Persian alphabet

The Persian alphabet (Persian: الفبای فارسی, romanized: Alefbā-ye Fārsi) is a writing system used for the Persian language spoken in Iran (Western Persian) and Afghanistan (Dari Persian) since the 7th century after the Muslim conquest of Persia.

Persian alphabet
الفبای فارسی‎
Alefbā-ye Fārsi
"Fārsi" written in the Persian alphabet in Nastaliq style
Script type
Abjad
Directionright-to-left script 
LanguagesPersian
Related scripts
Parent systems
 This article contains phonetic transcriptions in the International Phonetic Alphabet (IPA). For an introductory guide on IPA symbols, see Help:IPA. For the distinction between [ ], / / and  , see IPA § Brackets and transcription delimiters.

The Persian language spoken in Tajikistan (Tajiki Persian) is written in the Tajik alphabet, a modified version of the Cyrillic alphabet since the Soviet era.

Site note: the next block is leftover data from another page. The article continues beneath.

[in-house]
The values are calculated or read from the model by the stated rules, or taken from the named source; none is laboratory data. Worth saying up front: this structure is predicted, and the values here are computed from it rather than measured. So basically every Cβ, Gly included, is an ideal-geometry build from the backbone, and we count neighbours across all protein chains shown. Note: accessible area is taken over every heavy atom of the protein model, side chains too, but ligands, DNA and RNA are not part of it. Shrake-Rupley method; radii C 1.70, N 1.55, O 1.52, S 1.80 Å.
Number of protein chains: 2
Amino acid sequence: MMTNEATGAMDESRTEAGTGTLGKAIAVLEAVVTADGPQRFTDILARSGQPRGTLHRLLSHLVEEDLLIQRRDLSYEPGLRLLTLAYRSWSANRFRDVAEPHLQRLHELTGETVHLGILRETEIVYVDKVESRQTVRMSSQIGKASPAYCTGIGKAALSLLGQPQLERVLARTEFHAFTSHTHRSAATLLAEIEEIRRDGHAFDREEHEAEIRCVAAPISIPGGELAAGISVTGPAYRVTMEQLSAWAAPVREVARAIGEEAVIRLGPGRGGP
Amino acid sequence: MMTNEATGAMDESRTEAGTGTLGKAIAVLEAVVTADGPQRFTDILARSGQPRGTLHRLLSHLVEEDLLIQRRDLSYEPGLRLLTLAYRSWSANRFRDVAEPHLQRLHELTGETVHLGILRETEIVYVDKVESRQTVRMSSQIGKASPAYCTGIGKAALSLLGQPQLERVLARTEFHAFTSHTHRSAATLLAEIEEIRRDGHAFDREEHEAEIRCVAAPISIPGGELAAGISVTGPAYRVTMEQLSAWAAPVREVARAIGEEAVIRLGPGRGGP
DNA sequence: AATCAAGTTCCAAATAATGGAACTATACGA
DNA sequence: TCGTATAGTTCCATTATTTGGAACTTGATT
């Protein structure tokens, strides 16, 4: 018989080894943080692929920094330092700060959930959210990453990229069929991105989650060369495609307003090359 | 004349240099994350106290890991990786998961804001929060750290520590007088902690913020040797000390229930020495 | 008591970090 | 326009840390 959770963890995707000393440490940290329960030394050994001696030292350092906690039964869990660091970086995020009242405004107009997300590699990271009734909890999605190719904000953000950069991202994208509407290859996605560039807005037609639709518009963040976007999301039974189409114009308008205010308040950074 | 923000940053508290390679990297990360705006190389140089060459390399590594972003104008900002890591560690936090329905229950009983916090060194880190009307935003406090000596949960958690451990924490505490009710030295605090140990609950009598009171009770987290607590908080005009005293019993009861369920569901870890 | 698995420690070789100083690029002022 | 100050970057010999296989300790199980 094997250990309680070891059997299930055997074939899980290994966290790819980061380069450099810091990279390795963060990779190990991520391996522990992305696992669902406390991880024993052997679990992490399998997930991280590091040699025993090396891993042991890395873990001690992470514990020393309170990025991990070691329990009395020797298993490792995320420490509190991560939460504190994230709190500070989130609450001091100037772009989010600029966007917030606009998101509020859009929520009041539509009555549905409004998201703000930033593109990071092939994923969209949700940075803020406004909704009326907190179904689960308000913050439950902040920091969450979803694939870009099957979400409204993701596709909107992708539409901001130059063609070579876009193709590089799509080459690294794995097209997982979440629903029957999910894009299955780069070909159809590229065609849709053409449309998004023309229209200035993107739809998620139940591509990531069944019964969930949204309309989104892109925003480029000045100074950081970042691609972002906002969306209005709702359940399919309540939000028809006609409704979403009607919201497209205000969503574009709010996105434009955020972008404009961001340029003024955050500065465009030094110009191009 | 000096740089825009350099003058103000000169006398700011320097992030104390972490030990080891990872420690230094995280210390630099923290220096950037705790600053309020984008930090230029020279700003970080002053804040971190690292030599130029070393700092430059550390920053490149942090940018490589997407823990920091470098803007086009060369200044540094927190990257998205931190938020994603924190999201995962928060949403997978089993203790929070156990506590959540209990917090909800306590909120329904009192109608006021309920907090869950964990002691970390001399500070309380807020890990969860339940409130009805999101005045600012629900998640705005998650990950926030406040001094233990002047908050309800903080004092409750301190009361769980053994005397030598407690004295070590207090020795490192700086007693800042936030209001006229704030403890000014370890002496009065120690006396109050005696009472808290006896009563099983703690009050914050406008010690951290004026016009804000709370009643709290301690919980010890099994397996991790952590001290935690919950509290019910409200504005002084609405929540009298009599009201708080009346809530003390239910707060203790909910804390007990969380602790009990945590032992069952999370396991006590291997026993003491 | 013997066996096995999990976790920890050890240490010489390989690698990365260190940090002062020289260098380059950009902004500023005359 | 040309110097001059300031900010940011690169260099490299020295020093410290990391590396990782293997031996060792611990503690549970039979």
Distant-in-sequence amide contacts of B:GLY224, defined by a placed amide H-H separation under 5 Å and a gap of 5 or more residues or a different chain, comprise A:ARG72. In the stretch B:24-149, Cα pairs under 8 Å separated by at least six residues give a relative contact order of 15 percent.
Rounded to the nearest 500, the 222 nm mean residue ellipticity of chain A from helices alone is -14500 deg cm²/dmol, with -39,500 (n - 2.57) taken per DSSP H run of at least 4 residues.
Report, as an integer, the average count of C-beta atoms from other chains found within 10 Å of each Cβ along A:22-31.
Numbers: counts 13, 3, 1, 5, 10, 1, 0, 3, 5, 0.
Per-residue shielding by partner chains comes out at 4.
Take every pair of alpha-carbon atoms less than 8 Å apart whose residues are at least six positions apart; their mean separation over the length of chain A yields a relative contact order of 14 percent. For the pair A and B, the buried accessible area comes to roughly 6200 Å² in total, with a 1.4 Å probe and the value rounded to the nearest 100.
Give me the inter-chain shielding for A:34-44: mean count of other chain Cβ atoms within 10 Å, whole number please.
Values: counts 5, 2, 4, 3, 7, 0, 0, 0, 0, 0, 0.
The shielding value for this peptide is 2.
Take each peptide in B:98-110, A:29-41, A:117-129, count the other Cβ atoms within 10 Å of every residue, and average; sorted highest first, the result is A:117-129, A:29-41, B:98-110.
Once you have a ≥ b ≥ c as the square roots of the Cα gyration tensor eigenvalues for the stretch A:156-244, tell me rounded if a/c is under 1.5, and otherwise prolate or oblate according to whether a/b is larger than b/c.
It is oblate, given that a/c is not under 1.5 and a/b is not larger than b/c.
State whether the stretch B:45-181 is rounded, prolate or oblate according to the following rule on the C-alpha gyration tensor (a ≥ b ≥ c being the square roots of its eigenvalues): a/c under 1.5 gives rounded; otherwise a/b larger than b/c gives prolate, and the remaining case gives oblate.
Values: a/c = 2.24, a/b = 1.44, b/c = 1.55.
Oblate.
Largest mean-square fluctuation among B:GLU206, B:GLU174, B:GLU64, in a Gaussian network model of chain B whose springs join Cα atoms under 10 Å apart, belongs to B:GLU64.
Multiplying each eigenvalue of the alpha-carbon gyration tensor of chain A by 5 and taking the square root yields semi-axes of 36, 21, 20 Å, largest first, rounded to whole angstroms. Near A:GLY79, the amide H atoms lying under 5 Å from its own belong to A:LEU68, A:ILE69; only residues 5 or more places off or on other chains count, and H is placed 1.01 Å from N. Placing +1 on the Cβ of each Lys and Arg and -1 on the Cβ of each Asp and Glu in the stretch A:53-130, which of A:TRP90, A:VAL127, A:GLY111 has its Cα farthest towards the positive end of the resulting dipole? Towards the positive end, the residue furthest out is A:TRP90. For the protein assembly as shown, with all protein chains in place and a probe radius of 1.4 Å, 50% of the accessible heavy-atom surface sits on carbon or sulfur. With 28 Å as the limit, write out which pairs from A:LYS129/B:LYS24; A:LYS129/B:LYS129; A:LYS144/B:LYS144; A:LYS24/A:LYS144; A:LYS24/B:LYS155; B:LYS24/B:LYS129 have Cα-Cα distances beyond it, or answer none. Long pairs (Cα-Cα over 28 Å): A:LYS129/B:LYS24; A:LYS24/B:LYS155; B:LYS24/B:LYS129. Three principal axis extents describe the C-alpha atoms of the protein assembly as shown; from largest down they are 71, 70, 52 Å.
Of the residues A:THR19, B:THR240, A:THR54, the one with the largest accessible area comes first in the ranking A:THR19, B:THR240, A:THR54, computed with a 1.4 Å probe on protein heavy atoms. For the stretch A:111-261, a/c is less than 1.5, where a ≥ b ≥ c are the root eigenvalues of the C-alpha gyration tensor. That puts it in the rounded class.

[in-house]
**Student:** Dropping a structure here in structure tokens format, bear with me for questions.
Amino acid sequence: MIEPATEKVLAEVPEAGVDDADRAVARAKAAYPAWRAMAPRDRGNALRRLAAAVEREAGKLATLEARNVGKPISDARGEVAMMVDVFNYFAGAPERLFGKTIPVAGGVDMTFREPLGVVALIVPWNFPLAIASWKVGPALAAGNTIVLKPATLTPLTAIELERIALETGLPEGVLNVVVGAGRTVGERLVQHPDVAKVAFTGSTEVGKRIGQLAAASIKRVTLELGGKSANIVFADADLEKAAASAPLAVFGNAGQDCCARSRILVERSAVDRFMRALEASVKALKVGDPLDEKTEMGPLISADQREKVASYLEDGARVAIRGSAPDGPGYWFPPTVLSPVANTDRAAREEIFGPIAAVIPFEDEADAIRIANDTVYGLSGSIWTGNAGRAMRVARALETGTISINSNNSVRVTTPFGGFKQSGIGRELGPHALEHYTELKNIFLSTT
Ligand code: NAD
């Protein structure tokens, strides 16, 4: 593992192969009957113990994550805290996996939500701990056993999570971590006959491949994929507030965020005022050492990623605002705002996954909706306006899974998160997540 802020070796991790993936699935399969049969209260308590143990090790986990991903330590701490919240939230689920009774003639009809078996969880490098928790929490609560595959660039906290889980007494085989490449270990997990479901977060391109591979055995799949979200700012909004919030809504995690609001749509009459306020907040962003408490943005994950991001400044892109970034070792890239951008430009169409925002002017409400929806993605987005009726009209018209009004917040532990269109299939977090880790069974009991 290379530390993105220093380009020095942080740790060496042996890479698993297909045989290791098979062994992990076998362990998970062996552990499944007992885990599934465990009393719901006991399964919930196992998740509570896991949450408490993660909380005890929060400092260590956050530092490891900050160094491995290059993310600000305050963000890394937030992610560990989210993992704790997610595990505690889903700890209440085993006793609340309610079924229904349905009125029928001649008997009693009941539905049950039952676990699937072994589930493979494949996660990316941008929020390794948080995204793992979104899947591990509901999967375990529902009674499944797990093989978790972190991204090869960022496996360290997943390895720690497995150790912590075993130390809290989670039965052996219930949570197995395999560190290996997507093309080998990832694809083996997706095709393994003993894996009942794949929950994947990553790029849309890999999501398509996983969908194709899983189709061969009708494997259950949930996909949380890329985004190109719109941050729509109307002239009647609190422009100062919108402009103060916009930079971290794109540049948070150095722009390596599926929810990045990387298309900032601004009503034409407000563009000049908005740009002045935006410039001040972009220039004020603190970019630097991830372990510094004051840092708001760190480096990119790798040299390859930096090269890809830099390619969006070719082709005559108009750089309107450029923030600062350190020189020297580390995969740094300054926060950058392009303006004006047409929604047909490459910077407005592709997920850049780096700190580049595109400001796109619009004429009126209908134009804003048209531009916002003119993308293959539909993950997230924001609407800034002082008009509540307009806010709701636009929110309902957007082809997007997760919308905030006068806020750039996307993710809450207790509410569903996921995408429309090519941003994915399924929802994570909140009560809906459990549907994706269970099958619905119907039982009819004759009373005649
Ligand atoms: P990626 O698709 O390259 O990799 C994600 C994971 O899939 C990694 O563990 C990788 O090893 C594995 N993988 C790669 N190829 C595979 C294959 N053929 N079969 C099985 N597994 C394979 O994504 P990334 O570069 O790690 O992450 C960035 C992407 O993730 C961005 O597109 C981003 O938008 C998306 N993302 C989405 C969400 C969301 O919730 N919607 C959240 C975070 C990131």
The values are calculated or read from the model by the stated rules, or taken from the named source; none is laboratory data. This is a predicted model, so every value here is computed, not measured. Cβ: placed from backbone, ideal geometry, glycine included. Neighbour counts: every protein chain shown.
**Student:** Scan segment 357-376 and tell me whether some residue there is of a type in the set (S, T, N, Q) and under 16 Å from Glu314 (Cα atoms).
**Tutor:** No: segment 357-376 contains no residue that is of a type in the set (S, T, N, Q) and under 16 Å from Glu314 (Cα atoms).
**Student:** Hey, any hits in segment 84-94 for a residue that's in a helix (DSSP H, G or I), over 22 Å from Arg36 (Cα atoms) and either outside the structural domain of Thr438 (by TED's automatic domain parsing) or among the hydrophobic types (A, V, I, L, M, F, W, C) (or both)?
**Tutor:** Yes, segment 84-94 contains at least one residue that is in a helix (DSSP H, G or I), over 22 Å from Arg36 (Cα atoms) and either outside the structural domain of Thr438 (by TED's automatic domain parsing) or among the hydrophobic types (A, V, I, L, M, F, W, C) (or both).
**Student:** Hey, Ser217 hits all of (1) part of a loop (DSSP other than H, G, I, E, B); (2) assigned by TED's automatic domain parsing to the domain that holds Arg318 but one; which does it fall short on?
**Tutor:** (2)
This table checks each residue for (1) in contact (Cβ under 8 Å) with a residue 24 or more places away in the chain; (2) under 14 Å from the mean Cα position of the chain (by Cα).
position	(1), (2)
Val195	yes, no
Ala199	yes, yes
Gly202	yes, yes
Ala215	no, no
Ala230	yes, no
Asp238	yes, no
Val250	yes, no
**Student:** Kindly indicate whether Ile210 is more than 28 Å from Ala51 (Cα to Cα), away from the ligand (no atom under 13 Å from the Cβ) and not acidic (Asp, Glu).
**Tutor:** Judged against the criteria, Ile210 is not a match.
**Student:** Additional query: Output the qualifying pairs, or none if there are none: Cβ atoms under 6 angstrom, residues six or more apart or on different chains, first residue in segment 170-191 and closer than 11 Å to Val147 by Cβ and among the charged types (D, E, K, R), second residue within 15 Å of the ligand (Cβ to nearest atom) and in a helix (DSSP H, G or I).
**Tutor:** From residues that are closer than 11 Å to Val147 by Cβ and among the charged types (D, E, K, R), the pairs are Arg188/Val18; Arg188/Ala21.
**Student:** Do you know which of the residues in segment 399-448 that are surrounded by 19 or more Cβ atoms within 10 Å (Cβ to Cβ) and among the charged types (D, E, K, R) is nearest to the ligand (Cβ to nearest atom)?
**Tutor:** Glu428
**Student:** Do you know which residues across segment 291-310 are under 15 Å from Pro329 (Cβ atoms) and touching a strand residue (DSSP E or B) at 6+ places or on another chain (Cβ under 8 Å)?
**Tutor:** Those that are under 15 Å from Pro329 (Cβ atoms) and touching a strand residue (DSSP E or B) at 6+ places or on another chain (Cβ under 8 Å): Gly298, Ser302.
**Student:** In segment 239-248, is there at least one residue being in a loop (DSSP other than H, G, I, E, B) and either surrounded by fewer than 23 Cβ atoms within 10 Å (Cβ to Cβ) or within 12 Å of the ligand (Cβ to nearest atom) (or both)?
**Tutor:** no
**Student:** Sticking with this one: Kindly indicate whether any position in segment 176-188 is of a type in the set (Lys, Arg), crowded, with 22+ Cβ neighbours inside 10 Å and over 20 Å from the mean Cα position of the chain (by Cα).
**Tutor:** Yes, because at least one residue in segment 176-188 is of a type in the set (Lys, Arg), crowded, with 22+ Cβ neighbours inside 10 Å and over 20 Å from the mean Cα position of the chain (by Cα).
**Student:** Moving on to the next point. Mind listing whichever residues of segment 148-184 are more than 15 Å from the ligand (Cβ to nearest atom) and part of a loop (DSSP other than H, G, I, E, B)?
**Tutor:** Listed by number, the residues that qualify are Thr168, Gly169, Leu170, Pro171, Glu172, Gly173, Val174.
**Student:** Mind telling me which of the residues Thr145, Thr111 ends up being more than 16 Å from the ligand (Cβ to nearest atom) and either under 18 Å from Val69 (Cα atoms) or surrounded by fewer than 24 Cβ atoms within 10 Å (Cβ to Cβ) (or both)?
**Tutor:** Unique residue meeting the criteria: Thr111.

The Persian script is directly derived and developed from the Arabic script. After the Muslim conquest of Persia and the fall of the Sasanian Empire in the 7th century, Arabic became the language of government and especially religion in Persia for two centuries. The replacement of the Pahlavi scripts with the Persian alphabet to write the Persian language was done by the Saffarid dynasty and Samanid dynasty in 9th-century Greater Khorasan.[1][2][3]

The script is mostly but not exclusively right-to-left; mathematical expressions, numeric dates and numbers bearing units are embedded from left to right. The script is cursive, meaning most letters in a word connect to each other; when they are typed, contemporary word processors automatically join adjacent letter forms. Extended versions of Perso-Arabic script are used to write many Indo-Iranian languages, including Kurdish, Balochi, Pashto, Urdu, Punjabi, Saraiki, Sindhi and Kashmiri.


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